This is a weird one. It opens with a horrifying, lengthy bravura chapter written in a close first-person p.o.v. describing living through a killer heatwave in India. It's some of the most gut wrenching writing I've read in ages. But in the second chapter Robinson switches to distant third-person p.o.v. and stays with it throughout the rest of the book.
To make things worse, the reader expects the narrator of the first chapter to be the primary character, but he's relegated to secondary-character status for the rest of the book in favor of a different and less interesting character (though this is partially the result of the distant third-person p.o.v.).
As well, though it's billed as a novel, it alternates narrative (fiction) chapters with factual chapters describing in some detail various ways of combating climate change, and also short (some as little as about a hundred words) chapters consisting of philosophical ramblings and miscellaneous comments, a number of which serve no apparent purpose.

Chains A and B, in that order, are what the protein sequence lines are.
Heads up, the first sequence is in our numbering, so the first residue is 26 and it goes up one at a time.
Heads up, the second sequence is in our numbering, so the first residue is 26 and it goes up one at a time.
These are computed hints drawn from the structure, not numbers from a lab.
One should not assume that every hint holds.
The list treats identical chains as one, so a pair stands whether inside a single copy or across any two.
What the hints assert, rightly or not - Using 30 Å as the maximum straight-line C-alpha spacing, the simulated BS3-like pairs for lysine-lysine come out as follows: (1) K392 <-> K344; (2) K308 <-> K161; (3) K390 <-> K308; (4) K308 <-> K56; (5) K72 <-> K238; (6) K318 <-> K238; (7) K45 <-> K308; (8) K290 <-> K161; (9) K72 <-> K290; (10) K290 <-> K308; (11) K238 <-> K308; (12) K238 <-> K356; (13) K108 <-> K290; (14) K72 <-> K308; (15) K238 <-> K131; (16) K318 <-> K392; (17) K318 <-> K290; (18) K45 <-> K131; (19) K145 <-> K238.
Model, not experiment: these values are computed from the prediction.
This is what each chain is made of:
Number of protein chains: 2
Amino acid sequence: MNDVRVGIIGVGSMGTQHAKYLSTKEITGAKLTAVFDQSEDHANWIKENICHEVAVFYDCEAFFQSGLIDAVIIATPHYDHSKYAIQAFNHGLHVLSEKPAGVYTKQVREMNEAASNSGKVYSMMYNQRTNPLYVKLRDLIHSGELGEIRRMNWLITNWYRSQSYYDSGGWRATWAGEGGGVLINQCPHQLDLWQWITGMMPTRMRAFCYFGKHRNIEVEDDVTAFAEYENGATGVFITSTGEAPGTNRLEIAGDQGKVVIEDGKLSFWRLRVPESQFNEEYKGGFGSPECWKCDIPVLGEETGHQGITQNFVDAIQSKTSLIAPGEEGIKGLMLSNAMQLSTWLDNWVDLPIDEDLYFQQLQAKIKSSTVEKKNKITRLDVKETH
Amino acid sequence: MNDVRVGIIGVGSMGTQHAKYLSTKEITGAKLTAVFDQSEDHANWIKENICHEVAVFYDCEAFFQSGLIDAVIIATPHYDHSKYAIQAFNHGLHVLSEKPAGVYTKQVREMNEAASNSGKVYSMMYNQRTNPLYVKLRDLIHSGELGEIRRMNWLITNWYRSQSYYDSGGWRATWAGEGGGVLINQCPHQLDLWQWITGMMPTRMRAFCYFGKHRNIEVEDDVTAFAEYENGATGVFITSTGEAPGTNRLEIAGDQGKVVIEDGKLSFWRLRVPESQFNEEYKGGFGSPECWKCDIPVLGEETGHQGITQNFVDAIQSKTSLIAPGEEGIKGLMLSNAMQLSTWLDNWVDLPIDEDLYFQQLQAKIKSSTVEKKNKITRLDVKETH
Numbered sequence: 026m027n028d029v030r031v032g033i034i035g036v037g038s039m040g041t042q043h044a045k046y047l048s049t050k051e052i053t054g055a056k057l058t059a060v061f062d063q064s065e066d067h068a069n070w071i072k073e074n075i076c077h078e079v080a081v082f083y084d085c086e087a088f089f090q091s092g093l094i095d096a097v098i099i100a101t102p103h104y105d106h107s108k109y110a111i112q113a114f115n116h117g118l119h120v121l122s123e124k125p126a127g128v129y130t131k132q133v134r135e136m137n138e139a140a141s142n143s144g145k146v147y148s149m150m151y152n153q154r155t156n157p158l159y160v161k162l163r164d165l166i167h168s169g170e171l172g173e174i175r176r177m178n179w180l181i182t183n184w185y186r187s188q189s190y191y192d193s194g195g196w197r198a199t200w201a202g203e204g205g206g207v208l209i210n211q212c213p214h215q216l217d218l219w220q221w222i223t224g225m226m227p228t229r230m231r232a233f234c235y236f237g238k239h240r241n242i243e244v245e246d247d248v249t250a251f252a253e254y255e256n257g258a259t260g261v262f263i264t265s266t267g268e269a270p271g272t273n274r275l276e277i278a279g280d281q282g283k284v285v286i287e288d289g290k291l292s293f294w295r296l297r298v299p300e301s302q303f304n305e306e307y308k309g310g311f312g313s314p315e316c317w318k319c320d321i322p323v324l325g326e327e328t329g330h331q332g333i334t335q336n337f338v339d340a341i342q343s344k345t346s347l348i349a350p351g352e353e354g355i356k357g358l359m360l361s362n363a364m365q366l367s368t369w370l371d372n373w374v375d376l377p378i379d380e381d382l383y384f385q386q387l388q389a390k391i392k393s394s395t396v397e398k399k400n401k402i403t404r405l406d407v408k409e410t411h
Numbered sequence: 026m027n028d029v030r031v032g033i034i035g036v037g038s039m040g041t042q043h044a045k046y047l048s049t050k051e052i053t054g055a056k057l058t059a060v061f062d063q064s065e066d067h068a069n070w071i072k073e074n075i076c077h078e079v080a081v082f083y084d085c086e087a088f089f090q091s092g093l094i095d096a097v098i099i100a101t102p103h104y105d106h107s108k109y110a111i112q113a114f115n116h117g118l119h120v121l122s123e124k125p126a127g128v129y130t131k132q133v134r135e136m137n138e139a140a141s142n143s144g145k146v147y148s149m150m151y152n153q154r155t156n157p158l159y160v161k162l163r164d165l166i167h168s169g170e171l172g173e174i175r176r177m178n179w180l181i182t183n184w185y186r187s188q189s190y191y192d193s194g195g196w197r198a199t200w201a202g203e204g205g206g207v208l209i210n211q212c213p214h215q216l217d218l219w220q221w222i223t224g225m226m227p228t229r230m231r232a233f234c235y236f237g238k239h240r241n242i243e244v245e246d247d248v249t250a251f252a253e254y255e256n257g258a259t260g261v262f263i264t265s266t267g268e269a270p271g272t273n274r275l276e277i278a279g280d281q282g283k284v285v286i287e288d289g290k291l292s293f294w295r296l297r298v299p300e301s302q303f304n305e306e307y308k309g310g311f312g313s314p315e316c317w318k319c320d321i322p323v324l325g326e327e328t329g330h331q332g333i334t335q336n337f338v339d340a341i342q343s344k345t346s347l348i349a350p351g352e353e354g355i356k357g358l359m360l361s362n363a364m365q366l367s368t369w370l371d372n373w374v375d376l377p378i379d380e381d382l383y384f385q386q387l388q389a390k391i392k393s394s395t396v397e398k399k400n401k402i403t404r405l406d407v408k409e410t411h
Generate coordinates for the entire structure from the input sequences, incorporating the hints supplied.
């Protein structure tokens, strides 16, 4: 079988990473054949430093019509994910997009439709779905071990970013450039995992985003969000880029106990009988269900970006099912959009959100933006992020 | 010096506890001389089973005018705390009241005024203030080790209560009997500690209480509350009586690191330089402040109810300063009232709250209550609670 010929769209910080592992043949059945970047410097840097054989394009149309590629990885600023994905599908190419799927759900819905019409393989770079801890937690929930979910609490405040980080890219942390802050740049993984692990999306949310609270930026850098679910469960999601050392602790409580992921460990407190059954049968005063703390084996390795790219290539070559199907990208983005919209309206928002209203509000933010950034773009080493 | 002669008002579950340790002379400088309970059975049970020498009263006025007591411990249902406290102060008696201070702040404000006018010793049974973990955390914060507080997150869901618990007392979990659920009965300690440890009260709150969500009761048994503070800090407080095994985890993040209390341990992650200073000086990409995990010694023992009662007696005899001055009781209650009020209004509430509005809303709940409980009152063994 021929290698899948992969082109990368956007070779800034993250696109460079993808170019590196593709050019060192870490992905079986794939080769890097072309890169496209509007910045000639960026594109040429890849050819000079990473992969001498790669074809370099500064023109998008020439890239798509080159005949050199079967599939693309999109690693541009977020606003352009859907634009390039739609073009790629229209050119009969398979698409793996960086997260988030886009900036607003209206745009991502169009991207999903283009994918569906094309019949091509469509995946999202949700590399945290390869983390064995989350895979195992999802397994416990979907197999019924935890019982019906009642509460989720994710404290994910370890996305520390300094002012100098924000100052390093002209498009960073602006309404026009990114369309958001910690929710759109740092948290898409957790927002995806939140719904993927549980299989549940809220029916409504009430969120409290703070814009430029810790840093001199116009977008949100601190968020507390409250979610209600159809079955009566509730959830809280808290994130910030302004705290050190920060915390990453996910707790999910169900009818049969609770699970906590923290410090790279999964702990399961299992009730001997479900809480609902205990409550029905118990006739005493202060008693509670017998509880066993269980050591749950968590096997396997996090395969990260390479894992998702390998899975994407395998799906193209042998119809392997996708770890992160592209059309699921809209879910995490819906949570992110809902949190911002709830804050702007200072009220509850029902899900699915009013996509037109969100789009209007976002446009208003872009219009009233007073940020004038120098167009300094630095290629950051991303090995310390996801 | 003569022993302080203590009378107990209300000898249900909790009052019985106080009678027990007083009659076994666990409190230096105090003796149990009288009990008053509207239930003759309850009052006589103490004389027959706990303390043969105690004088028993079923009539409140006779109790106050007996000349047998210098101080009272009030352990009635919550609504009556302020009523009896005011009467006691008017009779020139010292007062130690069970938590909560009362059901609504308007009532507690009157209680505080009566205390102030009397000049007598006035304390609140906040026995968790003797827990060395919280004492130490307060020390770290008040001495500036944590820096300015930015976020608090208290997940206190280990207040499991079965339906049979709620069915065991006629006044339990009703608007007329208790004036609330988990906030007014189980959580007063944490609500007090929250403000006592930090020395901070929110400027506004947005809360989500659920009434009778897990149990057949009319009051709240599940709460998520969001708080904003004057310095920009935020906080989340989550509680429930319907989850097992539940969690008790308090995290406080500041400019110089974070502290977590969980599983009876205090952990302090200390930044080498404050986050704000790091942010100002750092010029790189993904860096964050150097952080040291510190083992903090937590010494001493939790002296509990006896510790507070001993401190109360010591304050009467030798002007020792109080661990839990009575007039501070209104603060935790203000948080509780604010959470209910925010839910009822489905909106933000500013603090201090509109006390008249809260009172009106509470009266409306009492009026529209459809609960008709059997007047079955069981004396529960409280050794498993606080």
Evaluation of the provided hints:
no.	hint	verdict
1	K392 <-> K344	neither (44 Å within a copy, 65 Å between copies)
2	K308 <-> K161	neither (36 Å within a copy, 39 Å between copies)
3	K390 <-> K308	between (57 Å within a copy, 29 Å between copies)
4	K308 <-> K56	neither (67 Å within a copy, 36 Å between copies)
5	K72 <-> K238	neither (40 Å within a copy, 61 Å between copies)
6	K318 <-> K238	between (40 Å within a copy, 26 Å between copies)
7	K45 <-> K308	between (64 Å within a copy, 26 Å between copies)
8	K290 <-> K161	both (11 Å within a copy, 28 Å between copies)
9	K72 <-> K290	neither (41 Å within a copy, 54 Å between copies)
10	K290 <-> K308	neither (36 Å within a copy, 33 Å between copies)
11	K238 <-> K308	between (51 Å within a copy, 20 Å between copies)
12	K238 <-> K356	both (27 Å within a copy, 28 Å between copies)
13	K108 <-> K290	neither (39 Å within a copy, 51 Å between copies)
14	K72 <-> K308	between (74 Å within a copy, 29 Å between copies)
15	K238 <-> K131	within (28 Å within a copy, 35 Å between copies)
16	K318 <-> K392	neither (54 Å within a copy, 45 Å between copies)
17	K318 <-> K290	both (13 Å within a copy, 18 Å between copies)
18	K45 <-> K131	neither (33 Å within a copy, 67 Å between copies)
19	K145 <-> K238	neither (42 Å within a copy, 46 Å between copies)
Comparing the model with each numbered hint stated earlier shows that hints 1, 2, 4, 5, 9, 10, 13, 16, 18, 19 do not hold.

As a result, it's neither fish nor fowl, and I ended up wishing Robinson had written two books instead of this single volume: an actual sci-fi novel on the political aspects of fighting climate change, and a nonfiction book on the various ways to do that.
Still, the nonfiction material on ways to combat global warming is well worth reading. Despite it's obvious and irritating warts, I'd recommend "Ministry for the Future": It's the most thought provoking book I've read in ages.